How do you pronounce Capoeira Mandinga Tucson?
ka-poe-AY-da mun-JING-a TOO-saan
Why is Capoeira so great?
Capoeira is an art form which is so rich you can never stop learning – from its movements, its music, and from what it teaches you about yourself and how you and others interact with the world. It shows you that you always have options and your choices can drastically change the outcome of any situation. Capoeira provides a fun, challenging and exciting way to continue learning about your own creative spirit, your strengths and weaknesses and about people and cultures from all over the world. Capoeiristas from all over the world welcome each other into their homes and capoeira schools, so it’s a great way to meet people when you travel.
Is Capoeira hard? What does it look like? What skills are involved?
Capoeira is a really fun challenge – mentally, physically and musically. It is a very flowing art form whose essence comes from escapes from kicks, rather than blocks, which lend themselves to all kinds of movements depending on your talents (cartwheels, spins, flips). It is hard only if you are not patient with yourself. Each person starts at a different level of fitness, flexibility and musicality. Capoeira uses movements that are not used in any other sport. So, it takes time to understand movements before you can do them well. Also, all of the songs are in Portuguese so it takes time to get a feel for the pronunciations. The instrument rhythms on berimbau, pandeiro and atabaque are unique to capoeira.
What ages can take Capoeira Mandinga classes?
We offer classes from age three through adult. The age of the person (young or old) may determine in part the movements that are accessible. The person’s fitness level and flexibility also control their limits, although these may be extended greatly with training. Mestre (teacher/master) Marcelo Pereira, recently awarded a second level belt to a 62 year old student. We recommend that older adults (> 60) participate only if they are wise about staying within their physical limits. Capoeira mestres often play into their 80s. However, this is after a lifetime of training and understanding how they need to change their game as they age. GingaFit™ classes provide a good way to build fitness for all ages and fitness levels. All ages can learn to play, sing and enjoy capoeira music. The music is an essential part of the energy of the capoeira game.
What is the origin of Capoeira and how did it come to the US?
Capoeira was created several hundred years ago in Brazil by Africans brought as slaves to Brazil who wanted a way to train to fight for their freedom, but needed it to look like a dance. Some say that capoeira uses mostly kicks and escapes because those who first trained may have had their hands bound behind their backs. After slavery was abolished, capoeira was used by the Brazilian army in the war against Paraguay. But capoeira got a bad name, as it started to be used by muggers and in street fights and was made illegal to practice. This is thought to be the reason that capoeiristas (players of capoeira) started using nicknames rather than real names, a practice that continues until today. In 1932, Mestre Bimba opened the first capoeira academy in Bahia (now called Salvador), but it was called the Academy for the Regional Fight of Brazil – his teachings are now considered to be the “Capoeira Regional” style of capoeira. His contemporary, Mestre Pastinha, continued teaching the more historic style of capoeira which came to be called “Capoeira Angola.” Mestre Bimba organized shows for government officials in Bahia which increased the popularity of capoeira. However, it was not legalized until 1965. In the 1970s Mestre João Grande brought capoeira to New York City. Mestre Accordeon, a student of Mestre Bimba, next brought capoeira to Berkeley, CA. Mestre Marcelo Pereira (Anne Pollack’s mestre) was the third capoeira mestre in the US. He started teaching in the San Francisco Bay Area in 1984 and is now head of Capoeira Mandinga US. Marcelo was a student of Mestre Suassuna who was also a student of Mestre Bimba. Mestre Suassuna is now one of the most famous capoeira masters in all of Brazil and he gave Anne Pollack her capoeira name “Luar do Sertão” when she received her first belt in 1988. So, today we can feel the lineage of the history of our art form tightly wrapped around us.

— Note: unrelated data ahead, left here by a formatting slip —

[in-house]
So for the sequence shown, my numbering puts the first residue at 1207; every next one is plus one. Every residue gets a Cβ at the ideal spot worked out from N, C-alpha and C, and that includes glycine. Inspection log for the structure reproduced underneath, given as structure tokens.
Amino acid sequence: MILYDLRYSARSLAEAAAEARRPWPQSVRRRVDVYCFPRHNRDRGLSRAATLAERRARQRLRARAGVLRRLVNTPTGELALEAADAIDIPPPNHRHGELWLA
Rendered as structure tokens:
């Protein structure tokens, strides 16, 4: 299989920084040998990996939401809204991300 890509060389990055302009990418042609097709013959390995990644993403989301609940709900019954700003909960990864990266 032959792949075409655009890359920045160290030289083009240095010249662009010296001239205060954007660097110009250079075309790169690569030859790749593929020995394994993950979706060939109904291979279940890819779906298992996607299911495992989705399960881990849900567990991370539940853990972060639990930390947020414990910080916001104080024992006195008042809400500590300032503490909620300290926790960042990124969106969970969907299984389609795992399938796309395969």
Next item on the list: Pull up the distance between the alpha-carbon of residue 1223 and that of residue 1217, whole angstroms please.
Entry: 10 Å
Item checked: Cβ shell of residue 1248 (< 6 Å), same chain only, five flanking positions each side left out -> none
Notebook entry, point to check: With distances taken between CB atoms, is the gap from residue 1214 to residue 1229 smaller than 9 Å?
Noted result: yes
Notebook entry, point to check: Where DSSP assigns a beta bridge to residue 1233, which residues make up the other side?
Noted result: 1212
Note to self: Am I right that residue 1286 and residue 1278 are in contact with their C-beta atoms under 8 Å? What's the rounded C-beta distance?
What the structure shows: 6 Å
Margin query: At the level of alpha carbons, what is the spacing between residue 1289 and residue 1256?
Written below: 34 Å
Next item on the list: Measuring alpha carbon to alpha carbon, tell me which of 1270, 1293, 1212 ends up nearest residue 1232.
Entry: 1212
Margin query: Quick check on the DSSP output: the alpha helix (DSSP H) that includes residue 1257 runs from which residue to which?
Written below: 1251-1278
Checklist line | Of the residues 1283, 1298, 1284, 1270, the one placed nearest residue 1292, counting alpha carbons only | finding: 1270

What is the origin of the capoeira name “Luar do Sertão?”
Mestra Luar’s nickname was a true inspiration by Mestre Suassuna, as it means “Moonlight Over the Desert Outback” and was given to her long before she moved to Tucson.